Canada is currently attempting to pump the brakes in its domestic housing market in the wake of fresh evidence that suggests an impending downturn. Canadian Finance Minister Jim Flaherty has made several attempts to gently deflate the market with macro-prudential measures, which in the absence of external forces may have produced stronger results than previously. The Bank of Canada has maintained a 1% benchmark interest rate in an attempt to stimulate those sectors of the economy that continue to lag behind housing, a policy which may have inadvertently offset the beneficial effects of Flaherty's intervention. Estimates as to just how overvalued Canadian housing is at this point vary, but the consensus is that prices will drop somewhere between 10% and 25% as parity is restored. A report by The Economist was decidedly grimmer, stating that houses were on average 73% overvalued versus rent and 32% against income.
Enter Canadian lenders. The Bank of Montreal (BMO) and others have, in the opinions of many, set an irresponsible precedent by maintaining excessively low mortgage interest rates in the face of macroeconomic patterns that are beginning to bear a striking resemblance to those seen in America before the recent collapse. The continually increasing value of residential properties in Canada, coupled with what appeared to be bargain mortgage rates, inevitably produced a frenzy of home buying and increases in household debt. Consumers tend to believe that the rising value of an asset (house or condominium, in this case) will offset any excess debt taken on in the leveraged purchase of that asset, and this notion encourages purchasers to buy as much house as a lender will allow.
The result of these combined effects is an average loan-to-value (LTV) ratio on mortgaged properties of 45%-60%. A higher LTV ratio represents, in theory, greater risk involved with the loan. Eerily, the median LTV ratio in Canada is currently nearly identical to that seen in the United States immediately prior to the recent housing market collapse, according to Dan Werner in a recent report from Morningstar. Mr. Werner's report also revealed that Canadian lenders have a higher concentration of loans in the 70-90% LTV range than did American lenders prior to the collapse.
These numbers are distressing, but Canadian authorities have certain measures in place that could, theoretically, mitigate some of the risk of a total collapse in housing values. Almost all mortgages in Canada are full recourse, meaning the borrower is on the hook for the full value of the mortgage even in the case of a foreclosure. In theory these laws should lead to more responsible borrowing practices and lower losses for lenders in the case of foreclosures. If the borrower will have to pay their loan regardless, this line of thinking goes, they are less likely to attempt to walk away from their mortgage and/or home, a problem that was the hallmark of the American collapse. The full recourse setup allows lenders (such as BMO) to more easily take action to recoup potential losses on foreclosures, etc. Taken at face value, this policy seems to possess the potential to shield lenders from any major shifts in home prices.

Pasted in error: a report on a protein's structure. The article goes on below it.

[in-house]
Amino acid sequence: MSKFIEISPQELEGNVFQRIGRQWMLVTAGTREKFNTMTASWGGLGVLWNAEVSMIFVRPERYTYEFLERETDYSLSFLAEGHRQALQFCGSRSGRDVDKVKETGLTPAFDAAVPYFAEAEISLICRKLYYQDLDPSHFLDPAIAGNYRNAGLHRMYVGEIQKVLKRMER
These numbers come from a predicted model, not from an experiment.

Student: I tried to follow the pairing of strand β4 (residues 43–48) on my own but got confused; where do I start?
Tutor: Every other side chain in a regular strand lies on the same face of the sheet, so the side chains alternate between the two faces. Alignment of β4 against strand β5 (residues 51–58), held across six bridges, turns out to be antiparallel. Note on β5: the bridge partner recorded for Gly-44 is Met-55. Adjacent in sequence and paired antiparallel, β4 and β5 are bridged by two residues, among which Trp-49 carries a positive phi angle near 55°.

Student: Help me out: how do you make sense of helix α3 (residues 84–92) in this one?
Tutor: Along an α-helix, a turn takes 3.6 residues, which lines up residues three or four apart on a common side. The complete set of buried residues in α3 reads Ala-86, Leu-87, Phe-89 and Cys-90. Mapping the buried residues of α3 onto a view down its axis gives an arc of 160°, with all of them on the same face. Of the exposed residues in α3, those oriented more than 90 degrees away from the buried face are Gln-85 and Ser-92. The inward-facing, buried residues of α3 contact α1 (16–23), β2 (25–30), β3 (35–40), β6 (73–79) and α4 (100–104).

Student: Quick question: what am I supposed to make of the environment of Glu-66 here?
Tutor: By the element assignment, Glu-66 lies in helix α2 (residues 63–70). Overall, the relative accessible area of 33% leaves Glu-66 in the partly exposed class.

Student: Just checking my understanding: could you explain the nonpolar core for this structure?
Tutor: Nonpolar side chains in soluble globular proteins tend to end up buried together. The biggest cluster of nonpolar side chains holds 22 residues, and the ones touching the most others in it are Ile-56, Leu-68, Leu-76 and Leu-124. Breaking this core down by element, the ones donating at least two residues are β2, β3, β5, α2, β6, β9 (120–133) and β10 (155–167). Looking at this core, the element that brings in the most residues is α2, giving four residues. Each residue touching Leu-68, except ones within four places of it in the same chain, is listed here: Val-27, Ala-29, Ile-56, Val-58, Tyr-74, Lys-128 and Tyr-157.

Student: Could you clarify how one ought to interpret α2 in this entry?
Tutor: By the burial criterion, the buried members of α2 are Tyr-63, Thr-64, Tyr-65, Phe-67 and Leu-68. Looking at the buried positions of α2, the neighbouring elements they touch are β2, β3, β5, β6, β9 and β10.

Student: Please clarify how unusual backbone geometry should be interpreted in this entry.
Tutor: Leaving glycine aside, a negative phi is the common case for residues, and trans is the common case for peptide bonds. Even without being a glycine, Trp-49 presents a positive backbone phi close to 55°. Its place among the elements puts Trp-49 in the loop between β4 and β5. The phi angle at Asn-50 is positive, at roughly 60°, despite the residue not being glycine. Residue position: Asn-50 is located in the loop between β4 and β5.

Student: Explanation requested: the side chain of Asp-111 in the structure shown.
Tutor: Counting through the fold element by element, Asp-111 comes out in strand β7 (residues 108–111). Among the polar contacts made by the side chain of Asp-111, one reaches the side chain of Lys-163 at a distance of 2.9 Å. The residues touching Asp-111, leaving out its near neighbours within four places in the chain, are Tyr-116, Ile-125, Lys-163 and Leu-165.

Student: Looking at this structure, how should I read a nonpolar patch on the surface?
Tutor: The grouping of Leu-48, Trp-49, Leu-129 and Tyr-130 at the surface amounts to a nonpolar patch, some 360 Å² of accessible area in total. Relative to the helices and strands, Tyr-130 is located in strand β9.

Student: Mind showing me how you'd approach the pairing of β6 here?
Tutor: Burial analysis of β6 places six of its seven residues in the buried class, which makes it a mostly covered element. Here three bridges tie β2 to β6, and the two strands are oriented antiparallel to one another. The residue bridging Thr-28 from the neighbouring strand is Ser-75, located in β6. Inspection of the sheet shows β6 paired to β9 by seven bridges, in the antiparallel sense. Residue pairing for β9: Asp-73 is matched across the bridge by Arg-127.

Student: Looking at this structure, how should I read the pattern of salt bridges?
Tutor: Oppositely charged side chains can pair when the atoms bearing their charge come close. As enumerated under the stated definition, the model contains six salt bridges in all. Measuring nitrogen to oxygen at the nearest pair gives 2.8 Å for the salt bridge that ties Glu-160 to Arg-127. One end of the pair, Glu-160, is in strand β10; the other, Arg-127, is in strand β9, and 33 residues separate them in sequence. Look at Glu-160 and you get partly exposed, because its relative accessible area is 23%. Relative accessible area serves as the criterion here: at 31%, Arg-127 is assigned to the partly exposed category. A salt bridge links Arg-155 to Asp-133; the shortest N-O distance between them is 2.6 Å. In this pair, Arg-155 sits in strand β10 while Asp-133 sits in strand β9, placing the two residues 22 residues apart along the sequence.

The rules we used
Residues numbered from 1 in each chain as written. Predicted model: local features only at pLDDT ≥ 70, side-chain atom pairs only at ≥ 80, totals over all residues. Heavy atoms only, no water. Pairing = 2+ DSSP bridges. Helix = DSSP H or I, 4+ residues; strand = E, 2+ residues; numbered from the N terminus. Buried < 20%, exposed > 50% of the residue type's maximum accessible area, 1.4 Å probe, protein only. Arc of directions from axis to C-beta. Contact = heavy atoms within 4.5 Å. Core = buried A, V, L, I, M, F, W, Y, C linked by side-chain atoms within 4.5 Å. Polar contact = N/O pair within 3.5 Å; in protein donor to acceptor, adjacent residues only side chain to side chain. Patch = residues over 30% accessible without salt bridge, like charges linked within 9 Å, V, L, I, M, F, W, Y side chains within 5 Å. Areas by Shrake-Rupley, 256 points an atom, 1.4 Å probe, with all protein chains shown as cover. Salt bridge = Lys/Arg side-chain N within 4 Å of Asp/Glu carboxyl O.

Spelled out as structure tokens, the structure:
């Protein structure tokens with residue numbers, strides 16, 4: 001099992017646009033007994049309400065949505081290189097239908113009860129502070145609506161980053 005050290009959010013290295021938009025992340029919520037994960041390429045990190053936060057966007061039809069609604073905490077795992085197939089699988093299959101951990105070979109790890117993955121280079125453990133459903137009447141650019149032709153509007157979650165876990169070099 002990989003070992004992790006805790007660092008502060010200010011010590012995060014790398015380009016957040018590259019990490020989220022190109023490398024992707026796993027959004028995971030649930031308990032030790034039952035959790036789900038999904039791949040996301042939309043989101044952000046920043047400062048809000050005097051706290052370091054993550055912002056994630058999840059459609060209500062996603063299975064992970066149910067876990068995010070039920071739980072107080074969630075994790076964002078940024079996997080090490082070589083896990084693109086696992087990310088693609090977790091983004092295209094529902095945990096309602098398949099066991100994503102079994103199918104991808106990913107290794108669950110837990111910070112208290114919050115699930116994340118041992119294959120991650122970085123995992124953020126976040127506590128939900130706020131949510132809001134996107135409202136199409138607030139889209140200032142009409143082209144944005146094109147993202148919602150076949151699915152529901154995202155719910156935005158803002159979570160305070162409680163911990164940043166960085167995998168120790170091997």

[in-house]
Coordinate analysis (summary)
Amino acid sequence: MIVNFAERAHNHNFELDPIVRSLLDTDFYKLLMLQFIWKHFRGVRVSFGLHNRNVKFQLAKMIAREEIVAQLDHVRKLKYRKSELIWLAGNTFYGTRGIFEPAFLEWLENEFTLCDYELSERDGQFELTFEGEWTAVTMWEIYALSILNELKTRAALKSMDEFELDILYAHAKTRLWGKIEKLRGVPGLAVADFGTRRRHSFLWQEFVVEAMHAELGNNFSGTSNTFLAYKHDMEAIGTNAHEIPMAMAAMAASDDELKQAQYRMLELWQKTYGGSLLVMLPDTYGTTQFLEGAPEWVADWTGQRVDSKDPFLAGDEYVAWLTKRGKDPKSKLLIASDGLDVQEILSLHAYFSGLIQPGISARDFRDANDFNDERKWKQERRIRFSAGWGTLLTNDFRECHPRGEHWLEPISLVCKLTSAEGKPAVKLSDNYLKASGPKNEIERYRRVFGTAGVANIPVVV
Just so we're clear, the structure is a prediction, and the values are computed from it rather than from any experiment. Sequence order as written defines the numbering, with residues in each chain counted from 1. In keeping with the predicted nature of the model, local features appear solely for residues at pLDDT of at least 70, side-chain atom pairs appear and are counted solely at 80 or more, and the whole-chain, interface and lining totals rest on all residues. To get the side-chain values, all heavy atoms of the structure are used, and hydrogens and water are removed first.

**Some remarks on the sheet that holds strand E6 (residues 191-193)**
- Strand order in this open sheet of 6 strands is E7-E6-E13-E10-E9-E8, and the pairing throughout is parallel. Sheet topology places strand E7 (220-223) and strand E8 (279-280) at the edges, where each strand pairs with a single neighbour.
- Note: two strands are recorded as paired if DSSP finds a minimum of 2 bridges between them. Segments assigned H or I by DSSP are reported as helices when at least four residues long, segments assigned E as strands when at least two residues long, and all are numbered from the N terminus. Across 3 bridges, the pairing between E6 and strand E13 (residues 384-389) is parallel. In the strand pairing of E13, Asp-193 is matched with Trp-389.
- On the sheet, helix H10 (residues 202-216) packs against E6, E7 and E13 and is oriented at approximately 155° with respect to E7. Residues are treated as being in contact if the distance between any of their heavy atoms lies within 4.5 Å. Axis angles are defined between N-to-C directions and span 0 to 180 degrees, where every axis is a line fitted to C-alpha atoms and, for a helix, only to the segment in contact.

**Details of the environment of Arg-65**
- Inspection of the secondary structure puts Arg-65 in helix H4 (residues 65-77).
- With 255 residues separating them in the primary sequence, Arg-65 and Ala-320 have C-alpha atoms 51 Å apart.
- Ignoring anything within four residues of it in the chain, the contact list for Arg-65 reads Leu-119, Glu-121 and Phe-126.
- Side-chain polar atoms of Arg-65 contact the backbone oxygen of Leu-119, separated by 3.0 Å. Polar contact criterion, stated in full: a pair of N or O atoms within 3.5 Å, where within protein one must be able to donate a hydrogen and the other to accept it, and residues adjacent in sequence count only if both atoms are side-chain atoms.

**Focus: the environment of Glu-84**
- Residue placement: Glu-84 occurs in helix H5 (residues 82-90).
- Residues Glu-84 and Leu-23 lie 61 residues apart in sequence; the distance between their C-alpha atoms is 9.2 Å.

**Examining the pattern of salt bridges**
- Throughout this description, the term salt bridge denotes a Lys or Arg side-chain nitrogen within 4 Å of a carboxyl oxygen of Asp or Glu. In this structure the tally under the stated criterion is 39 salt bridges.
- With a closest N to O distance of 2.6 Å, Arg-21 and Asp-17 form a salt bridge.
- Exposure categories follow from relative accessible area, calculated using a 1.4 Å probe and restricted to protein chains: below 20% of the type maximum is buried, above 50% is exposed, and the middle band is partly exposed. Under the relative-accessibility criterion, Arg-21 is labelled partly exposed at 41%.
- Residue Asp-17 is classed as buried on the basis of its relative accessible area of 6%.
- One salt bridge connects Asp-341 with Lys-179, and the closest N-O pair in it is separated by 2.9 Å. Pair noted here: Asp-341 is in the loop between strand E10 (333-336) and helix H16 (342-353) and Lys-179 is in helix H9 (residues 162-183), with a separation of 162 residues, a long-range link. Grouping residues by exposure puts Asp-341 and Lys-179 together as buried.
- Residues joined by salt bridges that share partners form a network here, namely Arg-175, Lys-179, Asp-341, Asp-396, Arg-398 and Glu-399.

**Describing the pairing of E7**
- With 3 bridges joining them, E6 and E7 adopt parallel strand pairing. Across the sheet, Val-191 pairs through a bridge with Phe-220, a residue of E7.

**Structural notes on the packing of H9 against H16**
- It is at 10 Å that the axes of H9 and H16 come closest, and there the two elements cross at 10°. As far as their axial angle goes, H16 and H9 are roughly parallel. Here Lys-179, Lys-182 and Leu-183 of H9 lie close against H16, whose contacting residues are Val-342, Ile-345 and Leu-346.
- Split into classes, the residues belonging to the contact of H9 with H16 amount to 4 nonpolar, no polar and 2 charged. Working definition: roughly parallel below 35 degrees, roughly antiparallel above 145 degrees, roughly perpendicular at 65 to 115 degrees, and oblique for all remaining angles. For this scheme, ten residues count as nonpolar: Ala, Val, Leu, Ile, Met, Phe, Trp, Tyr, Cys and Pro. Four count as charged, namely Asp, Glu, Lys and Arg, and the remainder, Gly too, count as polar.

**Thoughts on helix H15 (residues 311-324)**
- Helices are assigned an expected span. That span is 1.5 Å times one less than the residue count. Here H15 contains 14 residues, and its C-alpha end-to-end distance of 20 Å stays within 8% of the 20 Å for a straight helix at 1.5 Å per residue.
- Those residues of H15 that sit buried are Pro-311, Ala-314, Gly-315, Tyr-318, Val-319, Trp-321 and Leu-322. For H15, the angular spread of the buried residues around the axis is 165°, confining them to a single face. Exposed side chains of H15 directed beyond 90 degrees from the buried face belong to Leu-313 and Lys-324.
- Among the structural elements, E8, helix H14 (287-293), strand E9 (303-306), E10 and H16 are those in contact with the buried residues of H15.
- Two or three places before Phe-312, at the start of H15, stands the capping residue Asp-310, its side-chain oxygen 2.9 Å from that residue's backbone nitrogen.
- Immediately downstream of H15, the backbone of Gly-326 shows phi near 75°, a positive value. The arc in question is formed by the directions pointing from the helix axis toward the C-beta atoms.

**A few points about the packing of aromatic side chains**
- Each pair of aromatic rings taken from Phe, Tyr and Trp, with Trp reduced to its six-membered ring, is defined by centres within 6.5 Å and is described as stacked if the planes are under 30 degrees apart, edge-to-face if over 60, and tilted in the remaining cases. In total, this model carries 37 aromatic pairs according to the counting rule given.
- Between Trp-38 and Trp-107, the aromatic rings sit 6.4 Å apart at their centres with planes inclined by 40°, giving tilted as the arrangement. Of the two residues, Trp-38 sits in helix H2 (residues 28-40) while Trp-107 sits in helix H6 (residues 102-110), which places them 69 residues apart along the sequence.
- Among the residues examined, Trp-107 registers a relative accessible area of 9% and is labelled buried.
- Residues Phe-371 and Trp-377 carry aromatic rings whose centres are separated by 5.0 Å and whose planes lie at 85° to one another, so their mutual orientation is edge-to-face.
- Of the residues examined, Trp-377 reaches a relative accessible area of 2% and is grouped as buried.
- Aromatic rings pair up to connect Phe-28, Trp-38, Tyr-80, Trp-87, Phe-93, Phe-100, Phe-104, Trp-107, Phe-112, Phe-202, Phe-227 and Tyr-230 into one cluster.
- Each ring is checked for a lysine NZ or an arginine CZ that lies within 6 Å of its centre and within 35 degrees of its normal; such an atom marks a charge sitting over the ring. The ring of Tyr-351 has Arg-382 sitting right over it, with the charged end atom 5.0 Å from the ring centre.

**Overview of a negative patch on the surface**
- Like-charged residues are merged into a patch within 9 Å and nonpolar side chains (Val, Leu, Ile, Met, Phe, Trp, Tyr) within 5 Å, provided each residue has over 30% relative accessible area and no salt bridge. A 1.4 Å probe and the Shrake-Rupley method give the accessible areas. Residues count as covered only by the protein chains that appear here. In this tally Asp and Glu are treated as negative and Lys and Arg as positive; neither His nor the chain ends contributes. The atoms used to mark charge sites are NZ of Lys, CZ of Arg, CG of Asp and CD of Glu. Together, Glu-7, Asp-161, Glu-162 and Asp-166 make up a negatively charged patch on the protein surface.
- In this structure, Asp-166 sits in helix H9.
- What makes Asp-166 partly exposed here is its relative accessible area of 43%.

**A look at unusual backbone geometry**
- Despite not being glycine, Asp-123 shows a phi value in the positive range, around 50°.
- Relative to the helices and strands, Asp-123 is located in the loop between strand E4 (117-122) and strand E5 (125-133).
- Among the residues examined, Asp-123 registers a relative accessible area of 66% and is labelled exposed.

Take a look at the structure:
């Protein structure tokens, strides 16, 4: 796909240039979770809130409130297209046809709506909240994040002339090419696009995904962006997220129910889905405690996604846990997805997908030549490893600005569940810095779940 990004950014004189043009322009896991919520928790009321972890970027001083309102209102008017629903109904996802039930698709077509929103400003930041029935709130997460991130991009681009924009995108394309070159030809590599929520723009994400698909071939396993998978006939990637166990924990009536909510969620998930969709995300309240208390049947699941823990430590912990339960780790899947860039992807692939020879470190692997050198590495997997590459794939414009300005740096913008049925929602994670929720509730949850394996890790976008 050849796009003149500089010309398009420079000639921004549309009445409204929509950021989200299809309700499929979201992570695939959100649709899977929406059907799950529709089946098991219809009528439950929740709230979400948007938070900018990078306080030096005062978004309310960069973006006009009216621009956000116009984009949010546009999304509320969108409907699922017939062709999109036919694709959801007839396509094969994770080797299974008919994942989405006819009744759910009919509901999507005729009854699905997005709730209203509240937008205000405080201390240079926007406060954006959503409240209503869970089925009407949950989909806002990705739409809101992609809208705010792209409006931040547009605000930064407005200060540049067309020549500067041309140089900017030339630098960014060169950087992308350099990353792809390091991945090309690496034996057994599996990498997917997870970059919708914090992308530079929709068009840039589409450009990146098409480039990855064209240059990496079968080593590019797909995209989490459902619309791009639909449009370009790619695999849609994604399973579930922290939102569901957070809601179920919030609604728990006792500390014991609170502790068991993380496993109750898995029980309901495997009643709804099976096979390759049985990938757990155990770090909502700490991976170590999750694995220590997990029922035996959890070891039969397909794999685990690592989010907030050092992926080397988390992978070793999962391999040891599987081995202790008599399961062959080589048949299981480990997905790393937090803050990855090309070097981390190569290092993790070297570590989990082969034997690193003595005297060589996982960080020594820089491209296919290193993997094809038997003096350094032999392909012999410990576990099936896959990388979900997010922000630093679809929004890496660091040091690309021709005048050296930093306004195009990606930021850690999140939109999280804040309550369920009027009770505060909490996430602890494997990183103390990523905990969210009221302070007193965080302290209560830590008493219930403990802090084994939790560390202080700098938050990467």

Unfortunately, this policy does not exist in a vacuum. Reports suggest that full-recourse policies have, historically, resulted in a moral hazard problem wherein lenders are more likely to make 'irresponsible' loans into a known asset bubble because their own risk is limited. As was noted by John Carney for CNBC, the Irish Brokers Association, an element of another country with primarily full recourse mortgages, has called for an outright ban on the practice because of this problem. Carney also notes that, in the face of a housing downturn, those who are inseparably linked with their mortgage payments will, if fiscally responsible, cut spending in other sectors, which, paradoxically, leads to a further economic downturn and pushes borrowers closer to a deficiency judgment. A recession would also further restrict lending activities.
BMO is only one of several large lenders in Canada, and compared to RBC (RY) and others, holds something of a meager share of the Canadian mortgage market. What BMO lacks in market share, it has made up in cavalier lending policies and rates, having recently raised eyebrows by maintaining a 2.99% rate on its 5 year fixed rate mortgages. In prior operations of the same nature, BMO has scooped a healthy profit, and given the bank's past four earnings reports (all beating expectations), the bank seems to be doing the same in this round of lending.
Analyst expectations for this quarter's EPS (to be released before the open on Wednesday, May 29) have increased 2 cents in the past three months, and the stock climbed .12% in Tuesday's trading. An earnings beat in this report will undoubtedly boost the stock value in the near term, but the long-term prospects of the bank are inextricably linked to the housing market of the country in which it is based and into which it has sunk, the future of which is looking increasingly uncertain. BMO has already begun to reduce its exposure by increasing rates on its 30 year mortgages. However, the bank remains caught in a situation wherein it must either hold its nose and continue to offer low rates on mortgages to remain competitive in the near term and face the potential for a large-scale calamity in the event of the housing bubble 'bursting', or to shield itself from further risk but also face reduced profits by raising rates in the hopes of more capably weathering the storm. Neither option makes the stock particularly appealing as a long-term investment.